When I met with my doctor of integrative medicine, whom I'll call Dr. Michaels, it was a genuinely pleasurable experience. First, I liked it that her office was located in a major medical center, and it was for "regular" patients, not psychiatric ones. Second, each time I went, her nurse took my blood pressure and weighed me, which should probably be standard for all patients. Third, because she is a "regular" doctor rather than a psychiatrist, my insurance policy (which I no longer have) paid for 80 percent of the total, rather than $30 for a half-hour $100 psychiatric visit.
In our first meeting, rather than asking me questions that had no value whatsoever, Dr. Michaels' questionnaire was medical in nature. When Dr. Michaels and I met, rather than sitting across the room from me, she sat on a chair right next to me. Rather than taking notes while I talked, she looked right at me. And rather than feeling that I couldn't get well, I knew she believed I could.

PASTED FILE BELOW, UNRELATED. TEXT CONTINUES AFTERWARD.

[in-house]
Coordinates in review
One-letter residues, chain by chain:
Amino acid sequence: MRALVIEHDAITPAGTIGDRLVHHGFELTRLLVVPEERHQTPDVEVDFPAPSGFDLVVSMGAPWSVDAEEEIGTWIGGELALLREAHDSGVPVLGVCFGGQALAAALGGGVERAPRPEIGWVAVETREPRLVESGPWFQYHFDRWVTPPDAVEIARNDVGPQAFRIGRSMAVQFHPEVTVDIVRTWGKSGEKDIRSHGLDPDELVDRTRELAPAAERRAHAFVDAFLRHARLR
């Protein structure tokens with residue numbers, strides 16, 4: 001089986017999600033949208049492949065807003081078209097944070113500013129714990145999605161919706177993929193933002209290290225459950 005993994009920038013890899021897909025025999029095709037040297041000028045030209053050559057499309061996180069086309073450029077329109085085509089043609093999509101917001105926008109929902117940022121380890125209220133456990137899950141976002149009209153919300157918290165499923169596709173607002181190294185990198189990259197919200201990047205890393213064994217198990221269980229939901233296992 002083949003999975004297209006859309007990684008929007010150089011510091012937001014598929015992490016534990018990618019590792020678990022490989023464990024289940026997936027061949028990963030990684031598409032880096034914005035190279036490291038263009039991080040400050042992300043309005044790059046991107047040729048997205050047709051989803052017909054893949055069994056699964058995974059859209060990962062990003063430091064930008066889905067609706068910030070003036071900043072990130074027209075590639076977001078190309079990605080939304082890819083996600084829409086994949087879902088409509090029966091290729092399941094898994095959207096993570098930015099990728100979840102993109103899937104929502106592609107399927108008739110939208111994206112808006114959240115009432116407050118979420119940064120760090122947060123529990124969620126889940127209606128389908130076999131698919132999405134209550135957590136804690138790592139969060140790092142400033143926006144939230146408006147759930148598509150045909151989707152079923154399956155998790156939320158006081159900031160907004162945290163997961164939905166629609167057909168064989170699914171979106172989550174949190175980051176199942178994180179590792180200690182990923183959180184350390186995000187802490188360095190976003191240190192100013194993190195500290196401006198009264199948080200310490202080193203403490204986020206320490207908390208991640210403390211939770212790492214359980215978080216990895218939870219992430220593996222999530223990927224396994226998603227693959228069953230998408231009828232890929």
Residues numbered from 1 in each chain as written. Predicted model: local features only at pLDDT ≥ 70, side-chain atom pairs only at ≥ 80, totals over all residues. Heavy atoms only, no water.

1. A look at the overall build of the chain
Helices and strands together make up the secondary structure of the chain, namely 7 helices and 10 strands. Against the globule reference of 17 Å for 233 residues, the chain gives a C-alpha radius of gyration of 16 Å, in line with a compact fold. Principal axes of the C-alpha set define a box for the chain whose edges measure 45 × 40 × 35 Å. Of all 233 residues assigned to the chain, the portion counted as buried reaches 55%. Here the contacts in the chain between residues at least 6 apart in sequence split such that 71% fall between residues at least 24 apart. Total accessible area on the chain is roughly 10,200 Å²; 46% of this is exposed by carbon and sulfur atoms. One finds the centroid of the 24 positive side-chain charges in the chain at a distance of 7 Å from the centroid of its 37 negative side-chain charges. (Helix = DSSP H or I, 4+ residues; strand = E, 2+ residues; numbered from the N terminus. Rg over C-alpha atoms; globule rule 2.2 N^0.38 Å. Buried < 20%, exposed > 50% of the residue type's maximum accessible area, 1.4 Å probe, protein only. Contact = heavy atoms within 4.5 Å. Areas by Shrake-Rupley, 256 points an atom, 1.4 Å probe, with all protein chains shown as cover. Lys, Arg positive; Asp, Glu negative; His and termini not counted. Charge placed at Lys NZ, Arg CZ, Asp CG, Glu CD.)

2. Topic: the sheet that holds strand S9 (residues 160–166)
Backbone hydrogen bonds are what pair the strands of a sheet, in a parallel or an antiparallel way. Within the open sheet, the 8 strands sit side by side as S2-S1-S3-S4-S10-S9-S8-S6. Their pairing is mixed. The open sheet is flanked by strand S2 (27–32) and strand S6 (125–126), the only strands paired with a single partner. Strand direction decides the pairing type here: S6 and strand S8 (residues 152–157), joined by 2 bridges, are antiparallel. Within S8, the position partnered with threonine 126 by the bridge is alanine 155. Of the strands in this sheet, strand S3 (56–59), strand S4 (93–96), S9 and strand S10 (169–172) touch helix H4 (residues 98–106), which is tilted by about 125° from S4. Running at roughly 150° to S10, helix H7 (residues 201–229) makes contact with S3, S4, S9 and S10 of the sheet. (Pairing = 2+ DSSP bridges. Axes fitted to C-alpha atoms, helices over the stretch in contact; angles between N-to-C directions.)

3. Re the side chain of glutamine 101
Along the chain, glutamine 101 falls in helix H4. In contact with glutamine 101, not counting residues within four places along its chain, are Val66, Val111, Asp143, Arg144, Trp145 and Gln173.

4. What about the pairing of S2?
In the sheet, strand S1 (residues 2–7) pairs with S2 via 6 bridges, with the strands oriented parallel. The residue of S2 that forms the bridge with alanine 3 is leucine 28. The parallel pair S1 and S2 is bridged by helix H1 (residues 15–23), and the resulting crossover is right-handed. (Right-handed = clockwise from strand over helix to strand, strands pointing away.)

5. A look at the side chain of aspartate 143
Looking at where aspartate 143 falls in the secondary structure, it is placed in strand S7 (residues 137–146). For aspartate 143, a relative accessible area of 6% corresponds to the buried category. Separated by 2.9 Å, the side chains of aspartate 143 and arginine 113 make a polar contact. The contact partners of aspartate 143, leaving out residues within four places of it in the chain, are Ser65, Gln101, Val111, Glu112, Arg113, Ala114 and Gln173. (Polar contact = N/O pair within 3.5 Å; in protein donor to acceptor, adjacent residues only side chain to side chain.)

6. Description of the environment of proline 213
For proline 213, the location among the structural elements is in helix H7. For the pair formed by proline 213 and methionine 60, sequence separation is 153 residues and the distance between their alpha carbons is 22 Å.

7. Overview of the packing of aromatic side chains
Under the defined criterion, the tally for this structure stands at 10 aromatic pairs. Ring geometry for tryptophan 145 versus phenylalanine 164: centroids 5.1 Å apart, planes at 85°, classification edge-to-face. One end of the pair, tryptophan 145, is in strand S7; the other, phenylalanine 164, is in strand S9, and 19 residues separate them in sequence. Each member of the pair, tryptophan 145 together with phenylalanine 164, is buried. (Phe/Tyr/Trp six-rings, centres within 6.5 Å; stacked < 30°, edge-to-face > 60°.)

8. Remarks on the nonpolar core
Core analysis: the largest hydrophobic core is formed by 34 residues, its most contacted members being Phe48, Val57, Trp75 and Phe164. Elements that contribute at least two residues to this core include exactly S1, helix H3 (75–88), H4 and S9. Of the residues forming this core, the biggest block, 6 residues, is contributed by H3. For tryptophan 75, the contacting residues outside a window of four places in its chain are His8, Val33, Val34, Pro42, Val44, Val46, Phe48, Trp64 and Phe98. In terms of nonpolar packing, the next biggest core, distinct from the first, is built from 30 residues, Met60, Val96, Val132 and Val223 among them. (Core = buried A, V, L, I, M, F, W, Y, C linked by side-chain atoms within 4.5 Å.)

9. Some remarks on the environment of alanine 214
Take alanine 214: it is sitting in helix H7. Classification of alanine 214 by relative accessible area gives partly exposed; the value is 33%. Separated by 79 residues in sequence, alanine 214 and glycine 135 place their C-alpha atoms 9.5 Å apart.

What I knew about her before I went was that most people who found her were dying, she isn't a psychiatrist, and she believes medical problems--psychiatric as well as physical ones--are caused because our lives are out of balance.
When we talked, I learned she helps the dying achieve wellness or helps them to die more peacefully by coming to grips with life problems. I learned she would read all the research on bipolarity that I provided her. I learned she would treat me as a colleague in the process rather than a supplicant. And I learned she felt there wasn't any reason why I couldn't achieve wellness.
(to be continued)